When the Turkish Nobel Laureate Orhan Pamuk was invited to give the annual Charles Eliot Norton Lectures at Harvard this fall, he chose as his title "The Naive and the Sentimental Novelist." Kemal, the protagonist and first-person narrator of Pamuk's latest, "The Museum of Innocence" may be naive and sentimental -- as well as willful and self-absorbed -- but the author of this mesmerizing, brilliantly realized new novel is anything but. Pamuk, who has taught comparative literature at Columbia, became the first Turk to win a Nobel when he was awarded the 2006 literature prize. He is that rare thing, a creator of sophisticated, intensely literary fiction, who is also his country's bestselling writer. In part, that's because of his work's accessibility and his willingness to adapt conventionally popular genres, like historical and detective stories, into multilayered, character-driven novels.
In his acclaimed novel "Snow," for example, a series of suicides among village young women forbidden to wear Islamic head scarves becomes the backdrop against which conflicting notions of tradition and modernity play out in a society caught in transition between those two poles.
Partly because of that book's success, and partly because the 57-year-old Pamuk became the center of international human rights agitation in 2005 when he was arrested and put on trial for insulting "Turkishness" by speaking openly about the Armenian genocide and massacre of the Kurds, many American readers are likely to bring political expectations to his work. (Turkey has a history of being hard on its writers. In 1951, its great modernist poet Nazim Hikmet was stripped of his citizenship for insulting the government. His citizenship was posthumously restored earlier this year.) Pamuk's novels, however, don't fit neatly into such pigeonholes. "The Museum of Innocence" is essentially a novel of erotic obsession and of love and loves lost, remembered, recovered and, then, lost (again) to all but recollection. It begins thus, with two lovers in bed:
"It was the happiest moment of my life, though I didn't know it. Had I known, had I cherished this gift, would everything have turned out differently? Yes, if I had recognized this instant of perfect happiness, I would have held it fast and never let it slip away. It took a few seconds, perhaps, for that luminous state to enfold me, suffusing me with the deepest peace, but it seemed to last hours, even years. In that moment, on the afternoon of Monday, May 26, 1975, at about a quarter to three, just as we felt ourselves to be beyond sin and guilt so too did the world seem to have been released from gravity and time."
Kemal is a 30-year-old businessman, graduate of an American university, making his desultory way through a career in one of his wealthy father's businesses. He lives with his parents in Istanbul's wealthy Nisantasi neighborhood, where Pamuk -- who originally trained as an architect to please his father -- grew up and still resides. Kemal has an active social life with a wide but claustrophobic circle of friends, all children of secularized, wealthy families, the progeny of modern Turkey's founder Kemal Ataturk's forced de-Islamization. Everyone drinks and smokes and looks to Paris for fashion. Pamuk's Kemal, in fact, is set to announce his engagement to Sibel, the French-educated daughter of another wealthy family.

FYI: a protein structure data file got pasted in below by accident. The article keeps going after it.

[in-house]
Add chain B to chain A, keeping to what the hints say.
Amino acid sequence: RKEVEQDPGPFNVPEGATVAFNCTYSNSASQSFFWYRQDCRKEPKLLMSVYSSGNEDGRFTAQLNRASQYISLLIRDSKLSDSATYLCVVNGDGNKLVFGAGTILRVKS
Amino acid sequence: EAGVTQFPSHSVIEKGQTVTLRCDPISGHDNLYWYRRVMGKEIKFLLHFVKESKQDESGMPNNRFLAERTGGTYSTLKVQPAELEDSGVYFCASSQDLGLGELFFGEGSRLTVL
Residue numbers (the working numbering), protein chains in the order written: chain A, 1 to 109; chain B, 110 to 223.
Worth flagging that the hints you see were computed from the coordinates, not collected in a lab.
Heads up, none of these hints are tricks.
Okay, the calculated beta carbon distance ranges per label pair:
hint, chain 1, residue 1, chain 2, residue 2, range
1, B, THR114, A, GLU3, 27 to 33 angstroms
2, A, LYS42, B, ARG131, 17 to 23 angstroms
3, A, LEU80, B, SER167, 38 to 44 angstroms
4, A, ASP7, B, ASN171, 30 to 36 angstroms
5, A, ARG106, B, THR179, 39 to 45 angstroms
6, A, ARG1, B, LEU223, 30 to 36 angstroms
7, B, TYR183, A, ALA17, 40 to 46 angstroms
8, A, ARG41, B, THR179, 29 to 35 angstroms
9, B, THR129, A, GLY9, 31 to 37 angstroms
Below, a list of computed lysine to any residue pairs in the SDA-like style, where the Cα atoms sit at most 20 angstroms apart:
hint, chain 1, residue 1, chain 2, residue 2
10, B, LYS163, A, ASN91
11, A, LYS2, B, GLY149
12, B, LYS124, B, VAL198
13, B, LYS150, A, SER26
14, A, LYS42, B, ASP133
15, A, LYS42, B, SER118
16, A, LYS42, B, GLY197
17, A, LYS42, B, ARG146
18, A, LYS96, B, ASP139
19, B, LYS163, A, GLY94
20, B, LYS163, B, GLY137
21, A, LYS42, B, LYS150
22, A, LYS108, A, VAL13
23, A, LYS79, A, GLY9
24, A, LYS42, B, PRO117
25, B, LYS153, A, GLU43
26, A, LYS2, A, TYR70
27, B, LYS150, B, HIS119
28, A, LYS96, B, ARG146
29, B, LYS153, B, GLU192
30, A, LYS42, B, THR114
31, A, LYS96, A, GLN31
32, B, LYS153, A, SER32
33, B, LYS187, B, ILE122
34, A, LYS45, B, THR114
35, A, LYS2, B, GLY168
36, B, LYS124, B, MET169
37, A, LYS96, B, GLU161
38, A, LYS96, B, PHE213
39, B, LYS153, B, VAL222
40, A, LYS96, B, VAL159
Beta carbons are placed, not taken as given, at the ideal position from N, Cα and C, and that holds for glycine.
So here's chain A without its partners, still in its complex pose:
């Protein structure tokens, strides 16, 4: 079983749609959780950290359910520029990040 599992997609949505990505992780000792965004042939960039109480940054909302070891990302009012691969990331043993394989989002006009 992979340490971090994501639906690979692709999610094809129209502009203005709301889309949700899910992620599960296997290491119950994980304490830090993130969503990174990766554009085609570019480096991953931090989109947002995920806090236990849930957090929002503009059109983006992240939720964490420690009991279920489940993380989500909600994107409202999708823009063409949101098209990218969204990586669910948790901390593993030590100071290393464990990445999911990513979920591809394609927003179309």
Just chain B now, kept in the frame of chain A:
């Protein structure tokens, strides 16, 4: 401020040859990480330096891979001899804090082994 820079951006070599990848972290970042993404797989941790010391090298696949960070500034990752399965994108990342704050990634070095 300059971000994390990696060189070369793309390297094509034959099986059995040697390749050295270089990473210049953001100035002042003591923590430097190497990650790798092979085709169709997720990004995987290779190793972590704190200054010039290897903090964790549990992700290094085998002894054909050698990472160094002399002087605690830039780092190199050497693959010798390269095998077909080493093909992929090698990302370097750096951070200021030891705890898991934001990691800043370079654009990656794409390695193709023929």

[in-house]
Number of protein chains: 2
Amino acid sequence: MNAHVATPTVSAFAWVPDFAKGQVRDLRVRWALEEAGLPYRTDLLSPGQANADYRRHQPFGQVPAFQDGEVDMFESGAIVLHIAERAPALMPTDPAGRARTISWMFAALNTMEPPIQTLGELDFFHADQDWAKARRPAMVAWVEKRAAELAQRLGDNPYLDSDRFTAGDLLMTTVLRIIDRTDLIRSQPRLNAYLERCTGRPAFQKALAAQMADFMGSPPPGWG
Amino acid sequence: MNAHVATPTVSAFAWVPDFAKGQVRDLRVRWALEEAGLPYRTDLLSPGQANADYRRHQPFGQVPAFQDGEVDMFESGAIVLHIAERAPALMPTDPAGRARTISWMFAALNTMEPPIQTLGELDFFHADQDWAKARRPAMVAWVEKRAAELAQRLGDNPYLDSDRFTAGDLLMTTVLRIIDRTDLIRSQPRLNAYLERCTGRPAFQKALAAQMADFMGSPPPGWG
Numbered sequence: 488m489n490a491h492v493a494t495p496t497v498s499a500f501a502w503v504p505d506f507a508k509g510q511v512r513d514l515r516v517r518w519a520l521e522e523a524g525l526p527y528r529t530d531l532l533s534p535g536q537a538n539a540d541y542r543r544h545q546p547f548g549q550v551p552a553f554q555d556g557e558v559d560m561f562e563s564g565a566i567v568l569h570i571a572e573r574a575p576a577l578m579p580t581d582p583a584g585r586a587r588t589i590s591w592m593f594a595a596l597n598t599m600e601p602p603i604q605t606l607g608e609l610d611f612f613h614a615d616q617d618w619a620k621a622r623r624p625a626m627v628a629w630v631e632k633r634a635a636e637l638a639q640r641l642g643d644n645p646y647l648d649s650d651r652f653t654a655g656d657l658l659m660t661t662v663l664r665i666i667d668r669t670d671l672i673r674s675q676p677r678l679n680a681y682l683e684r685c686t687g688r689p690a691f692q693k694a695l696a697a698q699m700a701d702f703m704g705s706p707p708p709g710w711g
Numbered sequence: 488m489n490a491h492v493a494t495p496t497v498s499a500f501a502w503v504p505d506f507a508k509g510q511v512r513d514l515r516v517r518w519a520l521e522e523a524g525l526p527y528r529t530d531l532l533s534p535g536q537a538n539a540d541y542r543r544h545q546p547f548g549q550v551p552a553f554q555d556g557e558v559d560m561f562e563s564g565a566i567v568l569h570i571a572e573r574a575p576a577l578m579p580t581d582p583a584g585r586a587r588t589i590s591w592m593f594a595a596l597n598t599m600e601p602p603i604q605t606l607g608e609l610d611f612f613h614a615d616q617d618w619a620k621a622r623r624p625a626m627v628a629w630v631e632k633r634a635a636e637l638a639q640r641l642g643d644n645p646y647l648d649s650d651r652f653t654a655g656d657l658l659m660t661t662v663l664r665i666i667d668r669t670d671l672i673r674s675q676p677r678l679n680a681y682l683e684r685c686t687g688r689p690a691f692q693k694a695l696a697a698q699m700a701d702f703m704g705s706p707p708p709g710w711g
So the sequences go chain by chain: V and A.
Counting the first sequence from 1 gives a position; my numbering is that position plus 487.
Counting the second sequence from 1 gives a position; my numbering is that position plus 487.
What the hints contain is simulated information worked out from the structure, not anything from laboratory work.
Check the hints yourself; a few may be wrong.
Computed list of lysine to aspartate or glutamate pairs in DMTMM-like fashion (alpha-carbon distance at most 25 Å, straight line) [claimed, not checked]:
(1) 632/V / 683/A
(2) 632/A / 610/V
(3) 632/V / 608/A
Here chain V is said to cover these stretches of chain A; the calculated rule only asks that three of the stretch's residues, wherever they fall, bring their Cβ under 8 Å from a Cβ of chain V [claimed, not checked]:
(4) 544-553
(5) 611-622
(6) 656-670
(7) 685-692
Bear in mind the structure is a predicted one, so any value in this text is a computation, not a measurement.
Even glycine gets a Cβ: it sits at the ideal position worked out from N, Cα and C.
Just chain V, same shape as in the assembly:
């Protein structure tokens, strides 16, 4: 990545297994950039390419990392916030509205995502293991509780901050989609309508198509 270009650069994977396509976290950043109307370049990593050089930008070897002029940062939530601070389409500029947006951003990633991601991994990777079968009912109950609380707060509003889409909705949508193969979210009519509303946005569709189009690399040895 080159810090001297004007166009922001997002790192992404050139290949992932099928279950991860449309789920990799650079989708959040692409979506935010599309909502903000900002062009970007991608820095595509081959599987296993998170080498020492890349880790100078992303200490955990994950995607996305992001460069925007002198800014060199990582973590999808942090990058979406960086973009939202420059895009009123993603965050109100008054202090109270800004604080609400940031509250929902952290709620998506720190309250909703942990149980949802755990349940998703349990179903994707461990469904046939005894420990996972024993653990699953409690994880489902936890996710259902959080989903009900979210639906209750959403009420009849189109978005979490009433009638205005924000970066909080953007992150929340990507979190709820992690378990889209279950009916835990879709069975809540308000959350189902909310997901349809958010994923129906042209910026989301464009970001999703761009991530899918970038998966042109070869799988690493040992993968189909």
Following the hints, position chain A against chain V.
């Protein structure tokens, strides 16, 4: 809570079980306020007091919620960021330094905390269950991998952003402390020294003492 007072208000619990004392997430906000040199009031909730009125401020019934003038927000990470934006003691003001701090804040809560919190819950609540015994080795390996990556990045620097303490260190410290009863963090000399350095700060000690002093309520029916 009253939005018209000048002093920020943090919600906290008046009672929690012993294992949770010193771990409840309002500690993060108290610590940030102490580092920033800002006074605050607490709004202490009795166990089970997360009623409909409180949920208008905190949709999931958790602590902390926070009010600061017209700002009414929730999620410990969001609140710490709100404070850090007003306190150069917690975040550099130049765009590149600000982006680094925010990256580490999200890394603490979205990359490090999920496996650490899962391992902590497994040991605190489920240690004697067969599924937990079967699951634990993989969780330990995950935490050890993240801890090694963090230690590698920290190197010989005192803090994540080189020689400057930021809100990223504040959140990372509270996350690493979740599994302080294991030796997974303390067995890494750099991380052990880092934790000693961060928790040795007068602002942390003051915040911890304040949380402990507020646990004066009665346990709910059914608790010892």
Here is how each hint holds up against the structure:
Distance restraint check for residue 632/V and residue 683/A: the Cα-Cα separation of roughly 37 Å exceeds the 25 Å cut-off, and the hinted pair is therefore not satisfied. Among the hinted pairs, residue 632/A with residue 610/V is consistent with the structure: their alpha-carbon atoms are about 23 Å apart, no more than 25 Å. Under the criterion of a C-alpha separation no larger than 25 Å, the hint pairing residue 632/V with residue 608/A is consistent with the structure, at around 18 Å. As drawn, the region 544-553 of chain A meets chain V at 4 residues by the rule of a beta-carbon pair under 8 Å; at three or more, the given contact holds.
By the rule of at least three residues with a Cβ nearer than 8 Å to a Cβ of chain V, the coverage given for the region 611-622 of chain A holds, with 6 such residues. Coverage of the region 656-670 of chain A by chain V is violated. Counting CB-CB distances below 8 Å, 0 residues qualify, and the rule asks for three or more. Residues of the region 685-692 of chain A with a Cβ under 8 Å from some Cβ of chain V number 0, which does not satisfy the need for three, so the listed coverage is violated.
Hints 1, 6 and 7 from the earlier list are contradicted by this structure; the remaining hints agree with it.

Then, while shopping for a Jenny Colon handbag for his fiancee, he encounters a distant relative, the much younger Fusun. She becomes the object of his erotic obsession and, after he takes her virginity, he attempts to make her his mistress. However, Fusun, who harbors ambitions of cinematic stardom, rejects Kemal and marries an unattractive -- and unsuccessful -- writer of art films.
Unable to shake off his obsession with Fusun, Kemal loses Sibel to a wealthy friend and through the years continues to haunt the apartment where Fusun and her husband live. Gradually, Kemal becomes an object of pity and, then, scorn to friends. Throughout these years, he steals objects associated with Fusun -- cigarette butts, cups and glasses, underwear, bits of jewelry, which he hoards in the apartment where they once met. This collection will become the nucleus of his "Museum of Innocence" after a final, searing tragedy.
Along the way there are marvelous and transporting evocations of Istanbul -- a city of which Pamuk has written movingly before -- and fascinating insights into a society living very much on the unstable borders of contemporary life between the Islamic and Western worlds.